Is success up to you, or does it just happen to you? In “Why Luck Matters More Than You Might Think,” Robert K. Frank says that luck plays a bigger part in success than most people think. And the more you appreciate the contribution of luck to your success, the happier and more generous you are likely to be.
Why is being a Stoic so cool right now? Chiara Sulprizio explains the renewed popularity of Stoicism in “Why Is Stoicism Having a Cultural Moment?”
In “How Philosophy Can Help Us Get Unstuck in Work and Life,” Jules Evans outlines seven pieces of practical advice from “one life-hack that a lot of entrepreneurs and business people have found useful” … ancient Greek philosophy and Stoicism in particular.
“One day I decided to stop lying. Don’t get me wrong, I’ve never been a big liar before in my life, but I decided to – to the best of my abilities – not lie at all. I defined some borderline case rules for myself, for example, it is ok to avoid or withhold the truth, when the effects of telling it would be harmful for myself or someone else (do I look pretty in this dress?), but not to tell a direct lie, however small.” Jacob Henricson gives the result of his experiment in “Honesty in Business – A Stoic Experiment.” Kant would approve.
Well, not exactly how to succeed as much as how one CEO practices Stoicism. Jules Evans interviews Jonathan Newhouse CEO of Conde Nast, about his practice of Stoic philosophy.
Is your life driven by a fate governed by a wise and just providence? Or are you and everything else simply the chance movement of atoms? Unlike Chris Fisher who claims modern Stoicism requires a belief in providence, Donald Robertson claims you can be a modern Stoic even if you are an atheist or agnostic. One common interpretation of the choice between providence and atoms offered by Marcus Aurelius “is that he is reminding himself that whether a creator God exists, or whether the universe is simply ordered by blind chance, in either case the practical (ethical) principles of Stoicism should still be followed.” For example, “whether the universe is rule by a provident God or due to the random collision of atoms, either way it makes no sense to blame others for our actions.”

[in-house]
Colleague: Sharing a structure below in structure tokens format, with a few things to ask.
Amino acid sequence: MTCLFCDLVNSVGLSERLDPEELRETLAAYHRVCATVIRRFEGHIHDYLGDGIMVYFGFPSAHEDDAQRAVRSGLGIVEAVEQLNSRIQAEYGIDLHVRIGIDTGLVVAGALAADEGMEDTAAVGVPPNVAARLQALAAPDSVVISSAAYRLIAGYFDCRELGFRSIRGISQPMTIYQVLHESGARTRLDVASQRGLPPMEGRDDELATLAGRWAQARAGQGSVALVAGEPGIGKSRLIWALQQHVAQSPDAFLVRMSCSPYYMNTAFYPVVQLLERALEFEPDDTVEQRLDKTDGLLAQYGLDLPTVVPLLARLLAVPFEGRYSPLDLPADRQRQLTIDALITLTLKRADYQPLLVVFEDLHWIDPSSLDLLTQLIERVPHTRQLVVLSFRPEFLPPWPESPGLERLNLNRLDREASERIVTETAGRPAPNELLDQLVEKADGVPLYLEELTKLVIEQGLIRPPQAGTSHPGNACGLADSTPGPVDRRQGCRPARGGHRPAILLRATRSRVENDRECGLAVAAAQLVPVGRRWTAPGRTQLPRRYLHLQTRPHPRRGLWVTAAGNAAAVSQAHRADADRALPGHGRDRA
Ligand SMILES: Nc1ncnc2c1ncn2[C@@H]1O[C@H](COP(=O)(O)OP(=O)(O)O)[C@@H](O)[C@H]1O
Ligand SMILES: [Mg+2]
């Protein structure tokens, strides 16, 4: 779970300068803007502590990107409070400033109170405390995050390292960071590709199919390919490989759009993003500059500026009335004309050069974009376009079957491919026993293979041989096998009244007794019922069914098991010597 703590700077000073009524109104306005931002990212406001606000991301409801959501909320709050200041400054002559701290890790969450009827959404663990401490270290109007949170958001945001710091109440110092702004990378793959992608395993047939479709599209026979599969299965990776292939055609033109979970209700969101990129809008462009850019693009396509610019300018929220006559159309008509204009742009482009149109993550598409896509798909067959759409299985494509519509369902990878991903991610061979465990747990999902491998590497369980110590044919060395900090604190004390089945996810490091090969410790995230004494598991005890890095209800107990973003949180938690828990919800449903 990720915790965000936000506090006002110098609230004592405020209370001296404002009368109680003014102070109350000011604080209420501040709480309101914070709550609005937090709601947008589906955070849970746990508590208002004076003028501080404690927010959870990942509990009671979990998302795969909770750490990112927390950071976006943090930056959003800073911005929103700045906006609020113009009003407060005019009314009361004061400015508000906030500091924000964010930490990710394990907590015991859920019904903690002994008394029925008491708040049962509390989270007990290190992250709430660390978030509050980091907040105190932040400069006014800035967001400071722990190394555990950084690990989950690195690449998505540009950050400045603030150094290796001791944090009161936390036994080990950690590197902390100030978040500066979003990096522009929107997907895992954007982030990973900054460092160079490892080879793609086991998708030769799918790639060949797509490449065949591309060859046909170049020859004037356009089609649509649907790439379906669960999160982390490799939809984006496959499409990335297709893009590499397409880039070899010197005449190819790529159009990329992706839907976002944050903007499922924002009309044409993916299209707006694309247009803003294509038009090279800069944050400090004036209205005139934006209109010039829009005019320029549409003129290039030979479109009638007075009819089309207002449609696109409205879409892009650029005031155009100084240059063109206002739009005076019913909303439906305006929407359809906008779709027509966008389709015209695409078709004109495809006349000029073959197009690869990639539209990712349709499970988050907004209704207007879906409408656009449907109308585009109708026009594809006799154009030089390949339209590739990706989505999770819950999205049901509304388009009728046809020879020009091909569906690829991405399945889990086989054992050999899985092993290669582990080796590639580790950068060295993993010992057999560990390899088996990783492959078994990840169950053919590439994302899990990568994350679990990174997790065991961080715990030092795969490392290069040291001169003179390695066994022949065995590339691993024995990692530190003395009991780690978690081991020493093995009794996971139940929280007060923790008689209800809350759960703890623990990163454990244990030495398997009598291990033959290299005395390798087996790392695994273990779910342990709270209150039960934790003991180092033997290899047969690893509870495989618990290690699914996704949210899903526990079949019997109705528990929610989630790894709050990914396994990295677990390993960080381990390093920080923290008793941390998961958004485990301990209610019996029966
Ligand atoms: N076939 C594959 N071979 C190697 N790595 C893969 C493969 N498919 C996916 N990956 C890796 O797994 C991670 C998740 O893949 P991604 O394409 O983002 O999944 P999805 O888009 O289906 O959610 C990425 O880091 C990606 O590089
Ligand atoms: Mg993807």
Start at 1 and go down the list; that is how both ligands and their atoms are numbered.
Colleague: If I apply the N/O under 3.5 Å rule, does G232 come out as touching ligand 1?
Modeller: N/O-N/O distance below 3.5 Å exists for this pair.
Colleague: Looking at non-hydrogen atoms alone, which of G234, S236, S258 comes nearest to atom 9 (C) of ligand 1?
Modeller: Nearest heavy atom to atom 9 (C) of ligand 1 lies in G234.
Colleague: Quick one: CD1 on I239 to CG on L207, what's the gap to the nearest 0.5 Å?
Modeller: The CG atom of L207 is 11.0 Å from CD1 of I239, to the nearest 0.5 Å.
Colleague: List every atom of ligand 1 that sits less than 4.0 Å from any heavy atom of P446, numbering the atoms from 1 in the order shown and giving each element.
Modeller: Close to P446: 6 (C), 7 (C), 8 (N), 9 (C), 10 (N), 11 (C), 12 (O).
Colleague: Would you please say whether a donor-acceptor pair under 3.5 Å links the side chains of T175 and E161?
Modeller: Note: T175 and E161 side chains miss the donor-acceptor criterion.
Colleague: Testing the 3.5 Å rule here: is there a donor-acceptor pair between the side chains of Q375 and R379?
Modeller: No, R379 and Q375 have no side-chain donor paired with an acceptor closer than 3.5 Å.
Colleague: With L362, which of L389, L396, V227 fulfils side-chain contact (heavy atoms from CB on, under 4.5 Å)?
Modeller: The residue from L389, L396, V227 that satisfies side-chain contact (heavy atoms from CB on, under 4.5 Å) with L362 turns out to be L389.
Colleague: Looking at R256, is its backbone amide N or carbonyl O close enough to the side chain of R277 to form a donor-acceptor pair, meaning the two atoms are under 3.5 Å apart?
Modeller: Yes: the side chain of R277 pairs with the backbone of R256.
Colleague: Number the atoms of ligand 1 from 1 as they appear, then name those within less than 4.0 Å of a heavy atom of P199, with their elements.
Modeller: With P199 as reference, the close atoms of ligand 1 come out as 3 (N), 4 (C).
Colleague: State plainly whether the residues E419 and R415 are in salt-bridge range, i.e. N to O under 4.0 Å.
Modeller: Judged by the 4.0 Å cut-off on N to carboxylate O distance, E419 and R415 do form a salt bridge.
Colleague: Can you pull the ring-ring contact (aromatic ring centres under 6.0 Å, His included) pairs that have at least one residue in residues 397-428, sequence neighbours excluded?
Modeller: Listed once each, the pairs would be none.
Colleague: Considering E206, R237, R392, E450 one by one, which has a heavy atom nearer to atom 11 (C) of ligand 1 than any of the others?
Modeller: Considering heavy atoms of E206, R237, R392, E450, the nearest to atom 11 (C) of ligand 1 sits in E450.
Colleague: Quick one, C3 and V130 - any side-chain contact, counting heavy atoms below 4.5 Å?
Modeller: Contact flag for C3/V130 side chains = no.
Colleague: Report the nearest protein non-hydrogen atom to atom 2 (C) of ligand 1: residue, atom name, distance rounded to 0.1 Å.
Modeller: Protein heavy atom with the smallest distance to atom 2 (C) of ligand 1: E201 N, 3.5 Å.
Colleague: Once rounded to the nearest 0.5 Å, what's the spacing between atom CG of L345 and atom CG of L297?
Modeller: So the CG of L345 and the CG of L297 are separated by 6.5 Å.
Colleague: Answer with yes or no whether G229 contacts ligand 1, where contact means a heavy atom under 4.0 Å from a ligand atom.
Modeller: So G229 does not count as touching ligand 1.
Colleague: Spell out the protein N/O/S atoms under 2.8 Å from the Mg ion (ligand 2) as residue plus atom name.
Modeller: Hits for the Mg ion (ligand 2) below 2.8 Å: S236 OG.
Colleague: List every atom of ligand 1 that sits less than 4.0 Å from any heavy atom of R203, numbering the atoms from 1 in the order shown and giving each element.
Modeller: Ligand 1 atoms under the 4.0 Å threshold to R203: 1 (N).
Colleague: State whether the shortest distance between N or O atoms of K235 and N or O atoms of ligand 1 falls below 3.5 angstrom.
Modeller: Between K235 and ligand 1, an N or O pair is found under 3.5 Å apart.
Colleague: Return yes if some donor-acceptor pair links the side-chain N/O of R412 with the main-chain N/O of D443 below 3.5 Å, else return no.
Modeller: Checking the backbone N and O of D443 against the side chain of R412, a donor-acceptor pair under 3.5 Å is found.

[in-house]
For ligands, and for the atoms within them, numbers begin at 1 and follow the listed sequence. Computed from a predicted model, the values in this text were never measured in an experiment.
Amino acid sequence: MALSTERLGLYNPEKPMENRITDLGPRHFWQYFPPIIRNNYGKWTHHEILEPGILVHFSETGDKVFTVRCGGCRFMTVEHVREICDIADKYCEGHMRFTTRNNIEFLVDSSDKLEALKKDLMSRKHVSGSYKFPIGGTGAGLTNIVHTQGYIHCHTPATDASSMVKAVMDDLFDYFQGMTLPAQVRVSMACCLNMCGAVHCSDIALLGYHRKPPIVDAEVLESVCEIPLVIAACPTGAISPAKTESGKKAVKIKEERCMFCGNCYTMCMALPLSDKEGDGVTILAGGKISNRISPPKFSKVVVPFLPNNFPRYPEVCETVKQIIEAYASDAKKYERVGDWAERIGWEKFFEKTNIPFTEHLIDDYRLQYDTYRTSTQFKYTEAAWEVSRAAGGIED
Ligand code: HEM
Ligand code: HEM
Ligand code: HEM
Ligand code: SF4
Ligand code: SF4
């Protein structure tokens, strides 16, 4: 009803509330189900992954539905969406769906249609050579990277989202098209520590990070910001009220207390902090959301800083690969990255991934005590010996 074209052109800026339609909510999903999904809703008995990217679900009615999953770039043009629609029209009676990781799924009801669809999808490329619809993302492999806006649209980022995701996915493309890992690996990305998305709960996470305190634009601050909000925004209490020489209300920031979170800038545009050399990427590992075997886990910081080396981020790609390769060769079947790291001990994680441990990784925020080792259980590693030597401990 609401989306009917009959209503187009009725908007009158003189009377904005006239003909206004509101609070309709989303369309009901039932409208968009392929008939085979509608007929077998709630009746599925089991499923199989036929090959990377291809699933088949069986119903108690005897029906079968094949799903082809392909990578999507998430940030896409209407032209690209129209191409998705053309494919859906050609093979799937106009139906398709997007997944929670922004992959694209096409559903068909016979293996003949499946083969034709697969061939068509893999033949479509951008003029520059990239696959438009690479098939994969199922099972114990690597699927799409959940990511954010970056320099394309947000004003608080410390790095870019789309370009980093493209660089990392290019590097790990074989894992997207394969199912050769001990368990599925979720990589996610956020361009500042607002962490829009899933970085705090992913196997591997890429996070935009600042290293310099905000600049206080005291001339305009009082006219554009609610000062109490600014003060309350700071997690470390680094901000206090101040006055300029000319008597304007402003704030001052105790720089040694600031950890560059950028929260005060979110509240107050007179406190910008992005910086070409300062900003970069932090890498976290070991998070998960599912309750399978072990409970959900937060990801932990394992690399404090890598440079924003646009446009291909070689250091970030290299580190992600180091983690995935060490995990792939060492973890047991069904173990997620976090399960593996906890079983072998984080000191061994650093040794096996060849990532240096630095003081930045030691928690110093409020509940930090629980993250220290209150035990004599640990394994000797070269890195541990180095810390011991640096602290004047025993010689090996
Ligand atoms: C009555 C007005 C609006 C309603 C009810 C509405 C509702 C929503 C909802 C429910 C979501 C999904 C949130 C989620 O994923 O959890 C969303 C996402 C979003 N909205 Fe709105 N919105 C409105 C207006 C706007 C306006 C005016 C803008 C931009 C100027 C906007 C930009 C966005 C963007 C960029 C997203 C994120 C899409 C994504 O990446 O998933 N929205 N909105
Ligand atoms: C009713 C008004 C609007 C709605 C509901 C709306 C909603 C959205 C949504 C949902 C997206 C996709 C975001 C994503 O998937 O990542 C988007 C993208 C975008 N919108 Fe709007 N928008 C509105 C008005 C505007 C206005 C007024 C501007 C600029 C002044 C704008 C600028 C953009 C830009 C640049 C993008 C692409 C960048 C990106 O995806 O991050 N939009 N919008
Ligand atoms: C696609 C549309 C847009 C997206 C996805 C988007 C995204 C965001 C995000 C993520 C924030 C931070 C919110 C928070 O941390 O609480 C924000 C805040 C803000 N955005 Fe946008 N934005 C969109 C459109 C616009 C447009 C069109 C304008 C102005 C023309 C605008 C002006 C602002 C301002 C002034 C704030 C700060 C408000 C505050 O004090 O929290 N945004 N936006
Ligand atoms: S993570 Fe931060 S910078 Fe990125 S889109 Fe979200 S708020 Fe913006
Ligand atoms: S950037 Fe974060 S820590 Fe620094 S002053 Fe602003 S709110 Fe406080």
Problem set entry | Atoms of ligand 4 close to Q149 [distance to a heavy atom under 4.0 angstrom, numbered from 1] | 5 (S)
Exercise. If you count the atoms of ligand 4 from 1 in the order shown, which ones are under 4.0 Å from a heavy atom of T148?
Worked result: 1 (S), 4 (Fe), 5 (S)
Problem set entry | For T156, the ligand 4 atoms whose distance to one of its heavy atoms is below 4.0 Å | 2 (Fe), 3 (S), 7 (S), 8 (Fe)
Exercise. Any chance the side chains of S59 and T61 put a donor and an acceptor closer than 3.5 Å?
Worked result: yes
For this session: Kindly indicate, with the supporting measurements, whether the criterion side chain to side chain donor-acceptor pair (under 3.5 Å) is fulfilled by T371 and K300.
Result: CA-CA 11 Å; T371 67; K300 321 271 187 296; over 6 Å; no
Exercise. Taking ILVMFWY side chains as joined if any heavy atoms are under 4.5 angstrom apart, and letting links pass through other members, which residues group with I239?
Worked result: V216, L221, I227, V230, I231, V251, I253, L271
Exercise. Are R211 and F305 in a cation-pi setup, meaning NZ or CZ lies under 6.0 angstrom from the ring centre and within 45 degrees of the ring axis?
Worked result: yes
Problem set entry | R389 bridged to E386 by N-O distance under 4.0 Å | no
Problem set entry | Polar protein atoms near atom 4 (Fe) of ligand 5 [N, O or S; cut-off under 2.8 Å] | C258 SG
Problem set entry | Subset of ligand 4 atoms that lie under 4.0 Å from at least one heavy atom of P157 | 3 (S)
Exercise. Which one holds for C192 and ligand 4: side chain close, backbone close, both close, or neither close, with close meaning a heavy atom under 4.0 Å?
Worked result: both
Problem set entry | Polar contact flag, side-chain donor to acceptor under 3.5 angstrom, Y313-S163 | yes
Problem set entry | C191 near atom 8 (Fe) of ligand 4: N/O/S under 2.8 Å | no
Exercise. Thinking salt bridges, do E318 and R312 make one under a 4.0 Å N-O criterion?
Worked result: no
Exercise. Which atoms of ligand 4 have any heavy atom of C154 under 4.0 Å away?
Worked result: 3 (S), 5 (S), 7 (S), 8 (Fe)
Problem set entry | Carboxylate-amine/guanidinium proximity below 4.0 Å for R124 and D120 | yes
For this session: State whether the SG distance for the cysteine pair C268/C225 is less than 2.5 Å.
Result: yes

Is your life driven by a fate governed by a wise and just providence? Or are you and everything else simply the chance movement of atoms? In a defense of the Stoic worldview, Christopher Fisher says your psychological well-being may depend on how you answer these questions. “The chasm between the providentially ordered cosmos of the Stoics and the random atomic universe of the Epicureans was deep and wide, and it could not be bridged. Thus, as Marcus asserts, one must make a choice between them—either providence or atoms. … [W]e can choose to follow the cart of fate willingly, with gratitude for the life we have been given. We can take control of what is ‘up to us’ and leave the rest to providence. Or, we can continue to get dragged through life yelping all the way. The choice is ours and the choice is critically important to our psychological well-being.”
William Irvine explains and updates a Stoic formula for a happy, meaningful life. It has to do with the number of days you have left to live and the number of times you will do something in the remainder of your life. (Note that “Irvine” is misspelled in the title of this post on the “Stoicism Today” blog.)